As I come to the end of my time as managing editor of Money Management, it is worth reflecting that it has traversed a period coinciding with the implementation of the Financial Services Reform Act (FSR), through the introduction of the Future of Financial Advice (FoFA) and then the Hayne Royal Commission.
What is interesting in that span of around 18 years is that, while the legislation and the regulations have changed, the number of complaints lodged against financial advisers did not rise and, what is more, did not appear to be particularly higher than those against many other participants in the financial services industry.
But what has always stood out amid the seemingly interminable debate about commissions and the separation of product and advice is that, under the Corporations Act, financial advice is only financial advice when it involves the recommendation of a product.
What has also stood out is that, without FSR, the major banks might have seen less benefit in fully entering the financial advice industry.
It therefore came as no surprise to me to hear that there are those in the Federal Treasury who have lately acknowledged that if they had their time over again, they would have done things differently back in 2001 when the Financial Services Reform Bill was introduced to the Parliament and that, for a start, they might have taken a different approach to the licensing and general status of financial advisers.
Some of those who were part of the industry consultation processes around FSR, including my friend and industry veteran, Paul Harding-Davis, agree with those in Treasury who believe, with 20/20 hindsight, that mistakes were made in that legislation the consequences of which have given rise to the problems which continue to bedevil the industry today.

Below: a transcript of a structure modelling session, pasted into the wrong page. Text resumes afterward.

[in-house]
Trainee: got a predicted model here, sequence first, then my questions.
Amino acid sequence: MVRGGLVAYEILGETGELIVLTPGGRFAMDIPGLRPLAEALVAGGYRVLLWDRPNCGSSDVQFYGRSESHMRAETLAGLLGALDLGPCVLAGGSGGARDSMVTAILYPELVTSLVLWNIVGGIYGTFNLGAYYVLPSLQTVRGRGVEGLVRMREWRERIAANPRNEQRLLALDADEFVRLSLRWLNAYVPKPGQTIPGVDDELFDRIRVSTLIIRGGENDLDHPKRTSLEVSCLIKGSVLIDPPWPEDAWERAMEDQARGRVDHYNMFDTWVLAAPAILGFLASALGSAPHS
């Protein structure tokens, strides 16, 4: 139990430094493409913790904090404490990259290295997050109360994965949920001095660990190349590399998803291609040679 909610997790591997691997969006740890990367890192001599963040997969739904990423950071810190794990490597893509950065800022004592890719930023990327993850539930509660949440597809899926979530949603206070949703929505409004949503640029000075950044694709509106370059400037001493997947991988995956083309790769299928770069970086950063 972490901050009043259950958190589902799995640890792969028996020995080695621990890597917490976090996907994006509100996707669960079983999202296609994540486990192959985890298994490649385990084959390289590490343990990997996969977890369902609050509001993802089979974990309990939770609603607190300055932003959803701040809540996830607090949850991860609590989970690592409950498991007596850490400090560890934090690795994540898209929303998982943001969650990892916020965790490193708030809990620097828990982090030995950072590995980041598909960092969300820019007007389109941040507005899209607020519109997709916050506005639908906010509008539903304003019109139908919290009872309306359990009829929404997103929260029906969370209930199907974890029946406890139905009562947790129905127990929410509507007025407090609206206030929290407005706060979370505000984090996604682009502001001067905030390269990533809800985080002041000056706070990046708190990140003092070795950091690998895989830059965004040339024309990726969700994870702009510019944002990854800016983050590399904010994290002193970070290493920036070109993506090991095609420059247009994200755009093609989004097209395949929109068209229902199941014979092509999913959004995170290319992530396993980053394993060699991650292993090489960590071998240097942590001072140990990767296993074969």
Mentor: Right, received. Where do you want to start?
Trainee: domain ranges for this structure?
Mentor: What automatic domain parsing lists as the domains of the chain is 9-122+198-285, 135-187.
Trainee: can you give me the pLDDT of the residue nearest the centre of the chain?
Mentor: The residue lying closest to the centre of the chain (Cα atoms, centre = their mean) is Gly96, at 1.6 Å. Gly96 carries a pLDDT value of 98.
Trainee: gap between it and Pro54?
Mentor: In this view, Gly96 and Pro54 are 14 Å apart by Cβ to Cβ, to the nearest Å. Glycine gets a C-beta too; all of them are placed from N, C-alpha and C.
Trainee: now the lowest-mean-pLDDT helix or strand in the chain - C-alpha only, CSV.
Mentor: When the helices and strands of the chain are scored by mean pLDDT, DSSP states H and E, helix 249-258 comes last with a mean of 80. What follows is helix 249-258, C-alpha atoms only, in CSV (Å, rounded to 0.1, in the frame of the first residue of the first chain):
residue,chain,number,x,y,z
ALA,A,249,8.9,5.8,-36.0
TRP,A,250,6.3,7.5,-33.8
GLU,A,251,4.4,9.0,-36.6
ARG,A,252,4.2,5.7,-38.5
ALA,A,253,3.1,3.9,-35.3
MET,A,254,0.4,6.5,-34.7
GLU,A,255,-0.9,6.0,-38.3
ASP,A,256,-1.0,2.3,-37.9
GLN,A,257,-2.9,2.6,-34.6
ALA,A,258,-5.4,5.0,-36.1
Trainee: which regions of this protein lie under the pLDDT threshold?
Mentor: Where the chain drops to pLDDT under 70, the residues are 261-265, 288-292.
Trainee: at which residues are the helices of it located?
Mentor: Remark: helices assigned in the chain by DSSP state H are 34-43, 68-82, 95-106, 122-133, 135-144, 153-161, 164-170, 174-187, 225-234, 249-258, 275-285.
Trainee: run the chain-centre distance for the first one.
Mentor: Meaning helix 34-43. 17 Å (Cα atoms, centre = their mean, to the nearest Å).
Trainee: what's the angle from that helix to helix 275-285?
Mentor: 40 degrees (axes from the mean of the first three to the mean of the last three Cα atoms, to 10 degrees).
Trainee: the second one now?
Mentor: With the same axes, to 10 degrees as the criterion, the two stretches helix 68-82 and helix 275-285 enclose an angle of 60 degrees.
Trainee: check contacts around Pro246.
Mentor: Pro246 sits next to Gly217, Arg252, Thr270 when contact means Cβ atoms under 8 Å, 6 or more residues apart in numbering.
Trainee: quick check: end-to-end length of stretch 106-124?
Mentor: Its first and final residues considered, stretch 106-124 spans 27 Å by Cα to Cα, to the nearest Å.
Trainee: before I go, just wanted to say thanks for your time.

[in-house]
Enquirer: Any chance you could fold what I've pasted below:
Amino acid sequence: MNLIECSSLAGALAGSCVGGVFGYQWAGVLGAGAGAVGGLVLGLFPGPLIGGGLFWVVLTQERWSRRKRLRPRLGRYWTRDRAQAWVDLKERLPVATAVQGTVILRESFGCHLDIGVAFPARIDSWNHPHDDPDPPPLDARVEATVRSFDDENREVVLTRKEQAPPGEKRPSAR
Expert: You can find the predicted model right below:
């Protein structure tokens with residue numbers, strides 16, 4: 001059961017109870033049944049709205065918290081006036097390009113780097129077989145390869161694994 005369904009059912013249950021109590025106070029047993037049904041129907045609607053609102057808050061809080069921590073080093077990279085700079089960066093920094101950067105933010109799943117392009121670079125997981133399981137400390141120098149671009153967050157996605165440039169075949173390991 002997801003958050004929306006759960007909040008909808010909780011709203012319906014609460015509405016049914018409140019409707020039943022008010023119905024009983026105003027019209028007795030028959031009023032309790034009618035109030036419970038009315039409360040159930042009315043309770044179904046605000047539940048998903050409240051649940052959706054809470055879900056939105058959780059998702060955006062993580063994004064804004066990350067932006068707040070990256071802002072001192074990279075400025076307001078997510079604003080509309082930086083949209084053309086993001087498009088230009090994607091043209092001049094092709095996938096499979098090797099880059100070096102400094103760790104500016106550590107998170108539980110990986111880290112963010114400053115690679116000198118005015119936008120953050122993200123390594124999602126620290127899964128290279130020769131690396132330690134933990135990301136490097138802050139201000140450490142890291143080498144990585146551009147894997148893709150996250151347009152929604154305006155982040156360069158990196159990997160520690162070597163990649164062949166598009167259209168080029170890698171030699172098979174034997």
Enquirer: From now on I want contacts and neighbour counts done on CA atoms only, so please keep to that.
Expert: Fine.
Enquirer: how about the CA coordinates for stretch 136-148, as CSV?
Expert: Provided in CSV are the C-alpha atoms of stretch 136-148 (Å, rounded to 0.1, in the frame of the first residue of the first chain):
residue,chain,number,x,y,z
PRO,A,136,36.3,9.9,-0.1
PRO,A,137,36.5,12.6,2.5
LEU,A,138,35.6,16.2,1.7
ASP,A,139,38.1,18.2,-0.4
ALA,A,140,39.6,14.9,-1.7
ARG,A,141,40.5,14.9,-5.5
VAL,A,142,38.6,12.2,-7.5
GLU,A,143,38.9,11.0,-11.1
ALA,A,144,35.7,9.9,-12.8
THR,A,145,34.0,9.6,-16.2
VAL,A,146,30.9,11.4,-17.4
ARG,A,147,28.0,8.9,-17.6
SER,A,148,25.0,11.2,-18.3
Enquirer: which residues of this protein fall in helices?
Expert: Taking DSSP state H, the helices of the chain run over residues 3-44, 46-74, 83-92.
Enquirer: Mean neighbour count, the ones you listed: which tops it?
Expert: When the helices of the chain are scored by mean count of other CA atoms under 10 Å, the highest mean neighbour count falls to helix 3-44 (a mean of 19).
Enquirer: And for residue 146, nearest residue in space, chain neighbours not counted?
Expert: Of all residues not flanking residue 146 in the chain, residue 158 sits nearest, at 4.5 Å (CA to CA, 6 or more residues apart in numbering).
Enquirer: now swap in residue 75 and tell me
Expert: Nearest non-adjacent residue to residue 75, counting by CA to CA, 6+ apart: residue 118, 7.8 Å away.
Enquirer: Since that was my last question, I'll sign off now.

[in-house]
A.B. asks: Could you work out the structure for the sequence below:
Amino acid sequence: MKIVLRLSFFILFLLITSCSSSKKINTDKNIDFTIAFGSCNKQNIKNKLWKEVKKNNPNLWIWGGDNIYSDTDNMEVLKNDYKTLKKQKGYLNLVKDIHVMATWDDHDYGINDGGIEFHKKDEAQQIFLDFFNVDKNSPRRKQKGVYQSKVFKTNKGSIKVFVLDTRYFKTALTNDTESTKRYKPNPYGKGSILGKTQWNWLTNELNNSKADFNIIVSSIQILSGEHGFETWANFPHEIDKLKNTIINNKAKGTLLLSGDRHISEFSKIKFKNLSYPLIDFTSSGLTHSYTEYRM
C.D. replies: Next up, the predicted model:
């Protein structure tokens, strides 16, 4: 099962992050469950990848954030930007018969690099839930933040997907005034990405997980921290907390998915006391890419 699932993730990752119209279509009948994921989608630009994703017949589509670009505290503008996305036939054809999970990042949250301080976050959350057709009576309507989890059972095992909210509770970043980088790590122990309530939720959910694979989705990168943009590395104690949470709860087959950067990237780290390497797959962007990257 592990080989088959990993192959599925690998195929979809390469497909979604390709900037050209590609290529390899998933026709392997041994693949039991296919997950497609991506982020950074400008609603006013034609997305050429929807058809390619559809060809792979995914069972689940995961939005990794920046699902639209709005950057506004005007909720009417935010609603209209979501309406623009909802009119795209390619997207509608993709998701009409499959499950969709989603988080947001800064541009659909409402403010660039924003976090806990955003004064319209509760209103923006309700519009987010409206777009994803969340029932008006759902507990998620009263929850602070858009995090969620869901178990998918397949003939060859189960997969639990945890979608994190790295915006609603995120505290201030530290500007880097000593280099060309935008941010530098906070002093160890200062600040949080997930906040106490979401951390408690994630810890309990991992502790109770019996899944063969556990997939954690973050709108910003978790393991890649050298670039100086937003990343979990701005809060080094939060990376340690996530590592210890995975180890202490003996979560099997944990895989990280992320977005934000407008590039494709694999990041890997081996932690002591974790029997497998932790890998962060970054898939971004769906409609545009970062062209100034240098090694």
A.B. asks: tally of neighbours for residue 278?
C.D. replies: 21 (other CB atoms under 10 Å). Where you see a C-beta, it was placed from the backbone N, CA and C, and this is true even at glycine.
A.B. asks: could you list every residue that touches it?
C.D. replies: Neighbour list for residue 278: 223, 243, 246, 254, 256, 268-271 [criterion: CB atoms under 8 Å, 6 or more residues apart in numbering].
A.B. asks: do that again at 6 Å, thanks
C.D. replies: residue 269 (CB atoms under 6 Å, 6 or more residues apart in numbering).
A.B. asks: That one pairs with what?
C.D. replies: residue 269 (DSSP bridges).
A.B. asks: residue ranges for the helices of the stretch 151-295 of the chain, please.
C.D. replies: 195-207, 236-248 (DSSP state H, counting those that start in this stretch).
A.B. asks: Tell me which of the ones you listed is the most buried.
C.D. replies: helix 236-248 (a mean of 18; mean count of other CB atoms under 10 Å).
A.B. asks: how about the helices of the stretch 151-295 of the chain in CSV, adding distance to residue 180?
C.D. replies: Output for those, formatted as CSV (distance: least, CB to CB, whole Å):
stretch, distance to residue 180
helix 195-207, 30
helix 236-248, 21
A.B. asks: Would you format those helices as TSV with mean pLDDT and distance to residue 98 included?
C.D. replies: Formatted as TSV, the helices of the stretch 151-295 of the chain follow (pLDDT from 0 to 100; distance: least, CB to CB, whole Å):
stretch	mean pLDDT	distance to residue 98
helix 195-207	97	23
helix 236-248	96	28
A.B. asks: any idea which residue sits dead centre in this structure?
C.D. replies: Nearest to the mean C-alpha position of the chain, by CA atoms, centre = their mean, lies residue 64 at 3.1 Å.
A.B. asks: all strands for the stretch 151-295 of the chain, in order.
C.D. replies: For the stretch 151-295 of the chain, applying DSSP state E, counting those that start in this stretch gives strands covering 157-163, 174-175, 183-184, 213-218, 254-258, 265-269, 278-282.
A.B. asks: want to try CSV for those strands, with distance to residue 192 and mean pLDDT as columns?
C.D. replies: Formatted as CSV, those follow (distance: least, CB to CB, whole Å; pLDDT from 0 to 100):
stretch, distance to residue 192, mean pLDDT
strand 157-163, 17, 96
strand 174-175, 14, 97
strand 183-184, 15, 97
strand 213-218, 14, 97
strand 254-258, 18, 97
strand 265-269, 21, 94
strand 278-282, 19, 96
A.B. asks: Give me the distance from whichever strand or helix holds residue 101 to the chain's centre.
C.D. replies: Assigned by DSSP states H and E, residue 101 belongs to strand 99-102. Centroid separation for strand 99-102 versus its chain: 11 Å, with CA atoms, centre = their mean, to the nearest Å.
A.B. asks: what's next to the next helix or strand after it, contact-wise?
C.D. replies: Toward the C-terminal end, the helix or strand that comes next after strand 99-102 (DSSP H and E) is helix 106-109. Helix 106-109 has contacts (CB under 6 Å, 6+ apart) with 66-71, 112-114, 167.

Harding-Davis, asked to reflect upon what FSR generated, said that it gave rise to an industry structure that created systemic conflicts that were rarely understood, and were never likely to be aligned to the way that professions evolved or operated.
“To start with, it was obvious that a great many product manufacturers would create and acquire advice licensees and/or seek to influence them with product revenue,” he said.
“In addition, it had a negative impact on the development of a profession, which is about individual professionals.
“I also believe it forced the industry associations to work around this and inhibited their development to something more akin to the Law Societies or the accounting bodies,”
Harding-Davis said. “Not to say that the organisations currently known as licensees don’t provide valuable services but being the arbiter – even now to an extent – of who is able to be an adviser is not an effective role.”
According to Harding-Davis, FSR entrenched a gap in the understanding of how advice as a profession works and how the policy makers and regulators who are understandably looking through the lens of the Corporations Act try to make it work.
“Holistic advice is largely delivered by a person working with another person. The relationship with the client is and always has been there,” he said. “However, the law says that I, as a licensee, provide the advice and own the client data if not the relationship. Financial advice has never worked that way and any licensee will tell you that.
“Even if they try to keep the clients, most follow the individual adviser. That is where the trust must be earned and maintained, as per professions. Inevitably when legs and regs are put out they are disconnected from how the profession actually works on the ground. A square peg trying to be hammered into a round hole created by FSRA.”
So, as I end my time with Money Management to continue my writing elsewhere, I agree with Harding-Davis and other veterans that many of the ills of the financial planning industry were perpetrated by good intentions in 2001 and that 20 years later the industry is still struggling to find the answers.
Perhaps those answers reside in a thorough legislative and regulatory rewrite.